For example, MoffettNathanson Research says broadcast networks were down 2% in third quarter Nielsen C3 ratings among 18-49 viewers. Cable networks dropped 8%.
In September alone, ad-supported cable networks were down 7% among all viewers -- with English-language broadcast networks virtually flat (off 1%).
But what about advertising demand -- especially for the fourth-quarter scatter market? The jury is out, though many are counting on the period to be strong, especially in comparison to the mostly weak 2014-2015 upfront.
So digital video providers might find another crack in the TV advertising wall as they look for ways to entice traditional TV marketers, via either soft or hard sells.
Former Hulu executive Jason Kilar’s new digital video company Vessel looks to price pre-roll commercials -- perhaps the premium digital video format/platform for marketers -- at around $30 to $50 CPMs, with overall out-of-pocket packages in the $250,000-$500,000 range.
That range is good for digital video providers, even though prices have dropped somewhat recently t0 around $35 to $40 -- about the same as charged by broadcast networks.
While the pricing against TV is comparable, that is not Vessel’s main effort, according to The Wall Street Journal. The company is thinking more about targeting YouTube, though getting dollars intended for traditional TV players would surely be a nice coup. Vessel is looking to launch next month.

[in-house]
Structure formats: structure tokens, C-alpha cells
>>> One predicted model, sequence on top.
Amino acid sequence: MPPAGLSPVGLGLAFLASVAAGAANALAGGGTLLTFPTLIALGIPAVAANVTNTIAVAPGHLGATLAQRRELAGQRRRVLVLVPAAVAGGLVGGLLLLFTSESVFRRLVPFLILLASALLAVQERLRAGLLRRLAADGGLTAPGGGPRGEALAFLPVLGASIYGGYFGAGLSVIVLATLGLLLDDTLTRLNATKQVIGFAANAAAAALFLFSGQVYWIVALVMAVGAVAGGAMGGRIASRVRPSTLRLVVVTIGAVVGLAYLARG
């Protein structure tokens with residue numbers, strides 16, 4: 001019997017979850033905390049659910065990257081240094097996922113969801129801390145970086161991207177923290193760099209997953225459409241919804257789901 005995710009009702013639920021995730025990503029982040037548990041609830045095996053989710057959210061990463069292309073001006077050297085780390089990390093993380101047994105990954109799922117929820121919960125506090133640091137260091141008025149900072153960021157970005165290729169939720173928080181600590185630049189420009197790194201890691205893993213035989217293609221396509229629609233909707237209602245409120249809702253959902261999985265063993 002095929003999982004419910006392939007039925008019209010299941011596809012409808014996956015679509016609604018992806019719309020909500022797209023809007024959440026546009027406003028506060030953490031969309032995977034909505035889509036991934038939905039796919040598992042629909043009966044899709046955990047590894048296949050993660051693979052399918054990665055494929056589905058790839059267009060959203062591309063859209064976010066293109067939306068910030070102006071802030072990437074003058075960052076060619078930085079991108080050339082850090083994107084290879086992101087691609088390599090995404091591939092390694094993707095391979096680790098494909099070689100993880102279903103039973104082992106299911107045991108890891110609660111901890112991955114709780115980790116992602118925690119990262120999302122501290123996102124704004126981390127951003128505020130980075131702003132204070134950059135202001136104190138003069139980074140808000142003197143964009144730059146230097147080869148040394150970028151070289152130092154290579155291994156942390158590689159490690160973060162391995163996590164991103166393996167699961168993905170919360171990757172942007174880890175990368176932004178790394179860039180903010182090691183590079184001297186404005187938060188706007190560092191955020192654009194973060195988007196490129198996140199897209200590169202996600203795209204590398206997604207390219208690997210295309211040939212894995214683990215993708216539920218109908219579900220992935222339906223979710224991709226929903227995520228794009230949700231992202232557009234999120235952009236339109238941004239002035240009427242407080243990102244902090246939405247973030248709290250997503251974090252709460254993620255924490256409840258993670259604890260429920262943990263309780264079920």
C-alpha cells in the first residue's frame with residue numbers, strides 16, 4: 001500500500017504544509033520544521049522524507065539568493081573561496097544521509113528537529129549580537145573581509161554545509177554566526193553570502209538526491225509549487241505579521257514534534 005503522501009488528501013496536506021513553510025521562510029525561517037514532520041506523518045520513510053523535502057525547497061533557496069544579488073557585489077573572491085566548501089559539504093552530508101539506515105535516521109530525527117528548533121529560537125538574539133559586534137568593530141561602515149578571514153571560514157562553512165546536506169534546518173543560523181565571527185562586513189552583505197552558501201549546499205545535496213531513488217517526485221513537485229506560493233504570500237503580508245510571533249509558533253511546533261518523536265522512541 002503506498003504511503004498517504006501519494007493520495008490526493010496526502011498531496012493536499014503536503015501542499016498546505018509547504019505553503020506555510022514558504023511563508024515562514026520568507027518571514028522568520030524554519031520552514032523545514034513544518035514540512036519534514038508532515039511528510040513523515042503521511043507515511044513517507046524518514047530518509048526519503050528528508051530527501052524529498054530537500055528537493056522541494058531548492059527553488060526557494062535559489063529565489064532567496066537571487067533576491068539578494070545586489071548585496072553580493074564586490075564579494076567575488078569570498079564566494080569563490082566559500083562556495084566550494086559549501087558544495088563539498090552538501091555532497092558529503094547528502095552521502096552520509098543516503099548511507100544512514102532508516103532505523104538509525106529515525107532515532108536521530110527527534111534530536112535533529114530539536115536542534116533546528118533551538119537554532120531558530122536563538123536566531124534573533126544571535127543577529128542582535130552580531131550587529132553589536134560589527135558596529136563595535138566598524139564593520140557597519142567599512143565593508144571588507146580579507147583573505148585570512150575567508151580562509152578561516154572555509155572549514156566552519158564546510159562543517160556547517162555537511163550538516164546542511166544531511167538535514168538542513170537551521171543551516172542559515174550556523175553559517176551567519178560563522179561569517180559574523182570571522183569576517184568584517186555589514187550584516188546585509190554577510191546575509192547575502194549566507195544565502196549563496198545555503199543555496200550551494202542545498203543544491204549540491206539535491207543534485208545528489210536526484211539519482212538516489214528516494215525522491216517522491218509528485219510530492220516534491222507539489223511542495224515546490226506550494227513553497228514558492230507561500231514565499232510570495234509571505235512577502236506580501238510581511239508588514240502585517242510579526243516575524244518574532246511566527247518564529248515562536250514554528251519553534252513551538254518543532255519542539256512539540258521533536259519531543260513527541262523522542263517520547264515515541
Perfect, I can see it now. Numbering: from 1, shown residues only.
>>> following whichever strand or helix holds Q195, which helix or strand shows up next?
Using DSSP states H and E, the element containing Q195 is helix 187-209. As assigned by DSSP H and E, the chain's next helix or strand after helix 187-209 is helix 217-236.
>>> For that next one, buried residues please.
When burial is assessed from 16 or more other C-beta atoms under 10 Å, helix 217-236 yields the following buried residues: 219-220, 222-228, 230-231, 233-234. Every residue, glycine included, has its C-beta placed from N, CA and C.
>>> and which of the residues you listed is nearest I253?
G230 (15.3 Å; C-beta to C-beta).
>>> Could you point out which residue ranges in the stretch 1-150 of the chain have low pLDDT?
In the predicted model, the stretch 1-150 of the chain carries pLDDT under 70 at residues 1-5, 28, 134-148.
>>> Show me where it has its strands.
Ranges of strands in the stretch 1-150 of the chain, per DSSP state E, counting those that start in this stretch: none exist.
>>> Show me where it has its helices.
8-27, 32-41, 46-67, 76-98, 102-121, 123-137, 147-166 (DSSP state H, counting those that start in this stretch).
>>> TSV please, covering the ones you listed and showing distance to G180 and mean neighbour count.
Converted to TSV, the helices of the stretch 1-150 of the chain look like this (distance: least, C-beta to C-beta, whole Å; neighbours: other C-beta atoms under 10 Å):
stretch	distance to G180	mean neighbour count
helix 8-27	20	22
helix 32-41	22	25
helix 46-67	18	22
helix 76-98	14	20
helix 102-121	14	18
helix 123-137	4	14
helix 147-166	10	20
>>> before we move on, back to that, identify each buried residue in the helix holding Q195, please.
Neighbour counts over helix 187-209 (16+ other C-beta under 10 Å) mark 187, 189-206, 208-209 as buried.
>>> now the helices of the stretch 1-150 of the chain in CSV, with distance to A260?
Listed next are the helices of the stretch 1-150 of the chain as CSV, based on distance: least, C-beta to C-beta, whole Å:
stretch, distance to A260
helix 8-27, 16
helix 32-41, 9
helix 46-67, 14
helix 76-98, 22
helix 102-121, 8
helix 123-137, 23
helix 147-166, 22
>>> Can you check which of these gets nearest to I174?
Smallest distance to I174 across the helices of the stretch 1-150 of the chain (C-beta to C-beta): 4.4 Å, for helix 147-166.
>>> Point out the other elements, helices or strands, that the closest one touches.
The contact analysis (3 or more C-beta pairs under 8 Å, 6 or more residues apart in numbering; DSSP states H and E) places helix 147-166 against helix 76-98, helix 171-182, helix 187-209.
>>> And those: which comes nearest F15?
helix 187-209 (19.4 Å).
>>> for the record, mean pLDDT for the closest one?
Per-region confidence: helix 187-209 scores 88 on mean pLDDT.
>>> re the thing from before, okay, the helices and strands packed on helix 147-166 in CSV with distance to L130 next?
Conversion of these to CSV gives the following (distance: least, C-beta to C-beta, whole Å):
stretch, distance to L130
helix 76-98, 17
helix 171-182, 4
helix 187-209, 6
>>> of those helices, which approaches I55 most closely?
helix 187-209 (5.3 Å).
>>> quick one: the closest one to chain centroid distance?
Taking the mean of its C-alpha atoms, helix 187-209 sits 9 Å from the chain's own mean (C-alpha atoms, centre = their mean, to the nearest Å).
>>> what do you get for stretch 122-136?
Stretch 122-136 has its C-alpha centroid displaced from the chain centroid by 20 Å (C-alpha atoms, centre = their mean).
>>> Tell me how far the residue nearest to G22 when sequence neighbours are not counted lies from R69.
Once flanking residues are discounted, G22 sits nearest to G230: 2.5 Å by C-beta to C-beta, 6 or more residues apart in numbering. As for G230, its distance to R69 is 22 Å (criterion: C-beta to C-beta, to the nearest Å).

All this occurs as media agencies increasingly look to revamp some TV media planning -- in terms of the rough percentages that clients should spend on digital video.
Not that long ago, certain media executives looked at pushing clients to shift 15% of TV dollars to digital video. Now Omnicom Media Group believes some of its clients should shift as much as 25% of their video budgets.
If you think this sounds like something media agencies did in the late ‘80s and early ‘90s concerning growing cable networks, you wouldn’t be wrong. Media agencies then talked about setting aside 15% of TV dollars for up-and-coming cable networks.
After that period, as cable’s penetration of TV homes climbed steadily, those networks saw an almost too easy, smiling-ear-to-ear, run of ever-higher ad revenues.
New digital video platforms can only hope for a similar performance -- complete with online selfie grins.